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After 18 years as a Liberal MP for Vaughan, Mauricio Bevilacqua opens the shutters to his office on the last day in his constituency following his retirement announcement Thursday, September 2, 2010.

Darren Calabrese for The Globe and Mail/darren calabrese The Globe and Mail

Maurizio Bevilacqua has never lost a race for office. And on Friday, when he officially joins the race to become the mayor of Vaughan, he hopes he can keep that winning streak going.

The veteran Liberal MP said he decided to leave a 22-year career in Ottawa after hearing numerous pleas from residents to take a leadership role in Vaughan, one of Canada's fastest-growing cities.

"For me, public life's a vocation, it's not a job. I view it as being of service to others," he said. "So when people continually approach you to ask you to run, you have to take their word seriously."

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Observers say his bid for office will be a game-changer in an as-yet quiet race led by incumbent Linda Jackson, who will face Municipal Elections Act charges in court next January, and former Liberal MPP Mario Racco, who lost the federal nomination in North York to Mr. Bevilacqua 22 years ago.

"This does dramatically change the landscape of the mayoralty race in Vaughan," said Myer Siemiatycki, a politics professor at Ryerson University.

"Given the climate of recent years on that council - the trail of alleged improprieties, the very high discordant animosity that's played out - Mr. Bevilacqua might appear to many as a combination of Mr. Clean and Peacemaker."

Mr. Bevilacqua, 50, has worn many hats in Ottawa, climbing the ranks from the youth portfolio, to holding a five-year stint as chair of the Finance Committee to becoming Minister of Science, Research and Development.

"You come to a point in your life where you say 'Okay, you have all this political capital accumulated, where do you want to invest it?'"

When Mr. Bevilacqua announced his departure from Ottawa last week, Thornhill Conservative MP Peter Kent issued a statement congratulating him on his new move.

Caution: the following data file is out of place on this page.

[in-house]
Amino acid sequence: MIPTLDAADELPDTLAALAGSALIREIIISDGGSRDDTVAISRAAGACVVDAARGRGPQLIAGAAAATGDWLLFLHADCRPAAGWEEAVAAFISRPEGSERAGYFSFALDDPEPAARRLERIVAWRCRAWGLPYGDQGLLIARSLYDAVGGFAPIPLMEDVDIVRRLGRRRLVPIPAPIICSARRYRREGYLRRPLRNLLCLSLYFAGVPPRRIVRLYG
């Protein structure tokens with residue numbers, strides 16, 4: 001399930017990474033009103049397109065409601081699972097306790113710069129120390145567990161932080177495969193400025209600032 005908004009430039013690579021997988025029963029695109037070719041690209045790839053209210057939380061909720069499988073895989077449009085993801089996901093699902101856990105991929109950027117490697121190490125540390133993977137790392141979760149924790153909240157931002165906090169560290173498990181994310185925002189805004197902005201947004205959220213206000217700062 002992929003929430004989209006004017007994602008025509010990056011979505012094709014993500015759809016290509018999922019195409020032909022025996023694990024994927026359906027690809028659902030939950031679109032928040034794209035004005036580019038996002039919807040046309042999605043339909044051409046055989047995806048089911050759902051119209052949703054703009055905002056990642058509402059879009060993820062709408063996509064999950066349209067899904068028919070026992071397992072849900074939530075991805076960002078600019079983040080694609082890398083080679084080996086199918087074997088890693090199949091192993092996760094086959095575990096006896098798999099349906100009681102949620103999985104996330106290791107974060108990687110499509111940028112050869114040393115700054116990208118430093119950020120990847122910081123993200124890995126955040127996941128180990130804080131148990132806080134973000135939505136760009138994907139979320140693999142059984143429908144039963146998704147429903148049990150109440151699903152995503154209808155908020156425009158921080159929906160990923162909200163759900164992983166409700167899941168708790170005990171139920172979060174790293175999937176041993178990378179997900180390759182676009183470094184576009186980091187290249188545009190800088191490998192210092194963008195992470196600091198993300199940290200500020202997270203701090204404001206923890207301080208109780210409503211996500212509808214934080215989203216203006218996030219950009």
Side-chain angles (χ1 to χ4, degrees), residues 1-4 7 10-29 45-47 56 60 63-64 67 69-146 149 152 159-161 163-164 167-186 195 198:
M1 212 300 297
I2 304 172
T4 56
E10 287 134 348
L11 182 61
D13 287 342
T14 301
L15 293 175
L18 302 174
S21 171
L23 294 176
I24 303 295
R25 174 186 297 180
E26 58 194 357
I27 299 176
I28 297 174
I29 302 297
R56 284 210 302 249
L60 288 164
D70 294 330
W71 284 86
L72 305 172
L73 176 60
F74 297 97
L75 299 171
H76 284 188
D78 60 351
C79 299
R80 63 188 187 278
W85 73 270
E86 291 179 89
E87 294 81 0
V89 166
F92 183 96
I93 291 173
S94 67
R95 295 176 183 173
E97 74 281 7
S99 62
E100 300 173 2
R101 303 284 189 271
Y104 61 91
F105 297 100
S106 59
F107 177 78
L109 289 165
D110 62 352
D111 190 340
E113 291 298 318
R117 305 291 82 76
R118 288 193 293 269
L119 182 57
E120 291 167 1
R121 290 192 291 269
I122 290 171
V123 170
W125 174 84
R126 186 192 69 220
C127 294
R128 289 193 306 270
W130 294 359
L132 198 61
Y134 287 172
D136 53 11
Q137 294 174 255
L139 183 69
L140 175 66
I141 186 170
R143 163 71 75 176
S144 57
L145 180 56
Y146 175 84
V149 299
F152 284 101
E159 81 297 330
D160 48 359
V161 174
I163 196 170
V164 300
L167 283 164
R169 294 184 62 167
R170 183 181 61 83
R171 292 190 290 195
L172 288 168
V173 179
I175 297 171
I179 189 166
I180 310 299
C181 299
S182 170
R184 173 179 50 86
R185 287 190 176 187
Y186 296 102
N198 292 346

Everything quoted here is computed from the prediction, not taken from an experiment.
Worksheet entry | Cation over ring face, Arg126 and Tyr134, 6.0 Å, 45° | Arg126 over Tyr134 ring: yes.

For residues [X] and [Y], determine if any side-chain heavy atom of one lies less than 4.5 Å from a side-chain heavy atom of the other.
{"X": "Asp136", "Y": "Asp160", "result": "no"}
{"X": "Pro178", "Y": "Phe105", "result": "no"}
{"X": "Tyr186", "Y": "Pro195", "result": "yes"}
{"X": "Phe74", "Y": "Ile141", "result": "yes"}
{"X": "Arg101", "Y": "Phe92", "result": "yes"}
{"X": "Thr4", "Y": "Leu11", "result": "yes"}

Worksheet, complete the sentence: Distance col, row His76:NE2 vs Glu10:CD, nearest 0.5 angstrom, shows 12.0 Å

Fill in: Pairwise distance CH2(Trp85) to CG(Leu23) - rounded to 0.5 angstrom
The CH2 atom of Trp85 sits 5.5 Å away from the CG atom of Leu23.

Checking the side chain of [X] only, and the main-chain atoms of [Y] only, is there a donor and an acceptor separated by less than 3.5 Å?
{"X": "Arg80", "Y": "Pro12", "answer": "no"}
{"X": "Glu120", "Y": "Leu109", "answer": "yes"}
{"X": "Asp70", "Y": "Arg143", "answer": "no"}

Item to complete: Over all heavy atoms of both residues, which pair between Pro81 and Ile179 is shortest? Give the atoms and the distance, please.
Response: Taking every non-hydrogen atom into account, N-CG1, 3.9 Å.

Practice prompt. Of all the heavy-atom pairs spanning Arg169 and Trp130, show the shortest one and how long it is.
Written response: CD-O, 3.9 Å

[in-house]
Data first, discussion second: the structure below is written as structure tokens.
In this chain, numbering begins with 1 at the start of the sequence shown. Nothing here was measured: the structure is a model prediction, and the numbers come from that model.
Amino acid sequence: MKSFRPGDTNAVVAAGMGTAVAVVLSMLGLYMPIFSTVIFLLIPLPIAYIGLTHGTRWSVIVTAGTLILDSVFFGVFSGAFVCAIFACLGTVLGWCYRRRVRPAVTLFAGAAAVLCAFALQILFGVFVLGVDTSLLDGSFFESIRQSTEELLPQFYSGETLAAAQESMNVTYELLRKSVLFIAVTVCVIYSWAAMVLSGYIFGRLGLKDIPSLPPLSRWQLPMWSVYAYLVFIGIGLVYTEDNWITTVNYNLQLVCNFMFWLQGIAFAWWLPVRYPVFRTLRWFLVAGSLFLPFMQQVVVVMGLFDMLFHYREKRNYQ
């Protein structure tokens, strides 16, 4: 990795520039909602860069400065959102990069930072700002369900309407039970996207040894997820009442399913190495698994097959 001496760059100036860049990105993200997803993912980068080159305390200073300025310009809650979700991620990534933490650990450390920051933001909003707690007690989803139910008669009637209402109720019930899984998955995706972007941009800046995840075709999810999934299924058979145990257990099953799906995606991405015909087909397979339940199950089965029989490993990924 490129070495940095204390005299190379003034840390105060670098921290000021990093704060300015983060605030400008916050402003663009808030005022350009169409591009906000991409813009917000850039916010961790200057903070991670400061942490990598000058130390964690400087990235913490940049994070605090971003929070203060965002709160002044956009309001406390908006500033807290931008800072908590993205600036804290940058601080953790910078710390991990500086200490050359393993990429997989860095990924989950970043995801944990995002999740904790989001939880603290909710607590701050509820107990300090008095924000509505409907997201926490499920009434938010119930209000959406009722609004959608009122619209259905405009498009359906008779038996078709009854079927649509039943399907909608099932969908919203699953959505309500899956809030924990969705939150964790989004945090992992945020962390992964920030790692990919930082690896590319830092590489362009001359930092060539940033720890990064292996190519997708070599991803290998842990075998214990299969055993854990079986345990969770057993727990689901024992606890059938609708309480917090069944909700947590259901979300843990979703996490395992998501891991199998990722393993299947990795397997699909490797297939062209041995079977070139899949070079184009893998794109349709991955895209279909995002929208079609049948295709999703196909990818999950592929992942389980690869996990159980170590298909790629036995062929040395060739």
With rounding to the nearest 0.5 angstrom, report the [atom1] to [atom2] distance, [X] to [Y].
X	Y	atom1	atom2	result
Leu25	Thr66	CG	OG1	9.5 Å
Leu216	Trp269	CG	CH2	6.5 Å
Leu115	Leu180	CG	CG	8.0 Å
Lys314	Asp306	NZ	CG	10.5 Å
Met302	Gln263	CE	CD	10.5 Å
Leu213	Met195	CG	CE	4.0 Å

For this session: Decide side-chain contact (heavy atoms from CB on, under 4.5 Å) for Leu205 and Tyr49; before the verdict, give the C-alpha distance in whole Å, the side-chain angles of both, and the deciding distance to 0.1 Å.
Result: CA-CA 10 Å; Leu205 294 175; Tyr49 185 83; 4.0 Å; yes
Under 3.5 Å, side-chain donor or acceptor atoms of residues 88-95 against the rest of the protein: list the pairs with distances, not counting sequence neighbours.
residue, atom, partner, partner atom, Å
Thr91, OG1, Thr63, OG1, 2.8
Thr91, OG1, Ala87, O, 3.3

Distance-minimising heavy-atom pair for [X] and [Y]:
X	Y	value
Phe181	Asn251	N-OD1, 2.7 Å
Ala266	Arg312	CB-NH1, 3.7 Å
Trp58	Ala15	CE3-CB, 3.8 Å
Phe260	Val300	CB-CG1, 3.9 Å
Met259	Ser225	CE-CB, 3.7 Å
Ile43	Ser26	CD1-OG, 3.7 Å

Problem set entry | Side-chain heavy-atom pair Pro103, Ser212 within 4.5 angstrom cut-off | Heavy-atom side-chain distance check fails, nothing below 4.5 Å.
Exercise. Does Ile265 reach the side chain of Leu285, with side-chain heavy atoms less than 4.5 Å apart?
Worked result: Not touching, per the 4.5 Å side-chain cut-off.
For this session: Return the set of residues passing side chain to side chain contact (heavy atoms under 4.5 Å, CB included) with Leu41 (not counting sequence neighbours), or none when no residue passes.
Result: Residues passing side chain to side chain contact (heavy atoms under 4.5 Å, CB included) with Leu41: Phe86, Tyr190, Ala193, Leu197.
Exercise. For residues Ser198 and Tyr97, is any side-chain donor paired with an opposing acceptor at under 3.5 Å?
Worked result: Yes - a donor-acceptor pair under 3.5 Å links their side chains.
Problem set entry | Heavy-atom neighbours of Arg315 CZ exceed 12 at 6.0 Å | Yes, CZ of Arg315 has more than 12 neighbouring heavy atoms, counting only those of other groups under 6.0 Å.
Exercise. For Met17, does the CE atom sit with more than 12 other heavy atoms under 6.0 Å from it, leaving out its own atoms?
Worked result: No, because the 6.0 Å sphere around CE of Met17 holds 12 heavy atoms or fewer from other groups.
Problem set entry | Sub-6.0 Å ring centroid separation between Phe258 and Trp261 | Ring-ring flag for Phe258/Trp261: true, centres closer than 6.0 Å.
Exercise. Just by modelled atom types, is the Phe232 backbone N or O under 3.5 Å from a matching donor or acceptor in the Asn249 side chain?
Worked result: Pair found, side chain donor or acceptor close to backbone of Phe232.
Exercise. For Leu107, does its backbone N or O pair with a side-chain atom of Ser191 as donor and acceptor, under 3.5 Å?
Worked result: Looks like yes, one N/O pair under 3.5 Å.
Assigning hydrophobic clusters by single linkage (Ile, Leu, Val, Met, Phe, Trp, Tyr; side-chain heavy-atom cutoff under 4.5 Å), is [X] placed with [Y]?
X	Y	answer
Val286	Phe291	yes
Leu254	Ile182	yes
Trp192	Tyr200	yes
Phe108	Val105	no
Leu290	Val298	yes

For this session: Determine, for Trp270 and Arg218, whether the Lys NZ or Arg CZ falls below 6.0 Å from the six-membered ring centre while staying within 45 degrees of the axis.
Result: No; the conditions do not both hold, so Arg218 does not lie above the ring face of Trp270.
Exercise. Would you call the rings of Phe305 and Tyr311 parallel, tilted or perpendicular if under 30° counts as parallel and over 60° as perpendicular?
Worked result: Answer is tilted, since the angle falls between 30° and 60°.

Mr. Bevilacqua said their sound relationship speaks to his willingness to work with people from different political parties and different points of view, a muscle he wants to stretch with the Vaughan council. So does his work on refugee reform with Immigration Minister Jason Kenney earlier this year (he's spent the past 14 months as Immigration critic).

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He also feels progress in the city has been stunted by what he calls "unstable governance." He said he hasn't been able to work as closely with Ms. Jackson, not like he did with her mother Lorna when she was mayor years ago.

"There hasn't been the dialogue that was evident with her mother," he said. "But having said that, I certainly don't dislike her. I always have respect for people who seek public life."

If anything could work against Mr. Bevilacqua in the minds of some voters, it's his Liberal affiliation, no matter how party-free municipal government is supposed to be, Prof. Siemiatycki warned.

"It may well be that various groups in Vaughan whose connections might tilt more toward the Conservative party might not look favourably at the major chair being occupied by such a high-profile Liberal," he said.

Mr. Racco, who has been campaigning for eight months, expressed frustration at the idea of Mr. Bevilacqua jumping into the race a week before the deadline for nominations.

"In [the voters']best interests, you cannot show up at the 11th hour without a [platform]or any experience in municipal politics," he said. "This is not party politics."

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Regional councillor and candidate Joyce Frustaglio said she asked Mr. Bevilacqua about his intentions before deciding whether she should run for re-election in her current position or try for the mayor's chair.

"A great deal of my decision to stay where I am was as a result of his commitment that he would run," she said, calling him a "viable choice" for mayor.

Mr. Bevilacqua said he wants to attract new business by creating an 'innovation park,' which would draw leaders in new media, technology, research and development and financial institutions. He wants to attract more artists to make Vaughan a "cultural point of reference." And he wants to transform the downtown, a plan for which is already in the works, into "the heartbeat of York Region."

And Mr. Bevilacqua isn't worried about attracting stakeholders.

"This is where my experience comes in," he said. "I place a phone call and it's likely they'll pick up. Right?"

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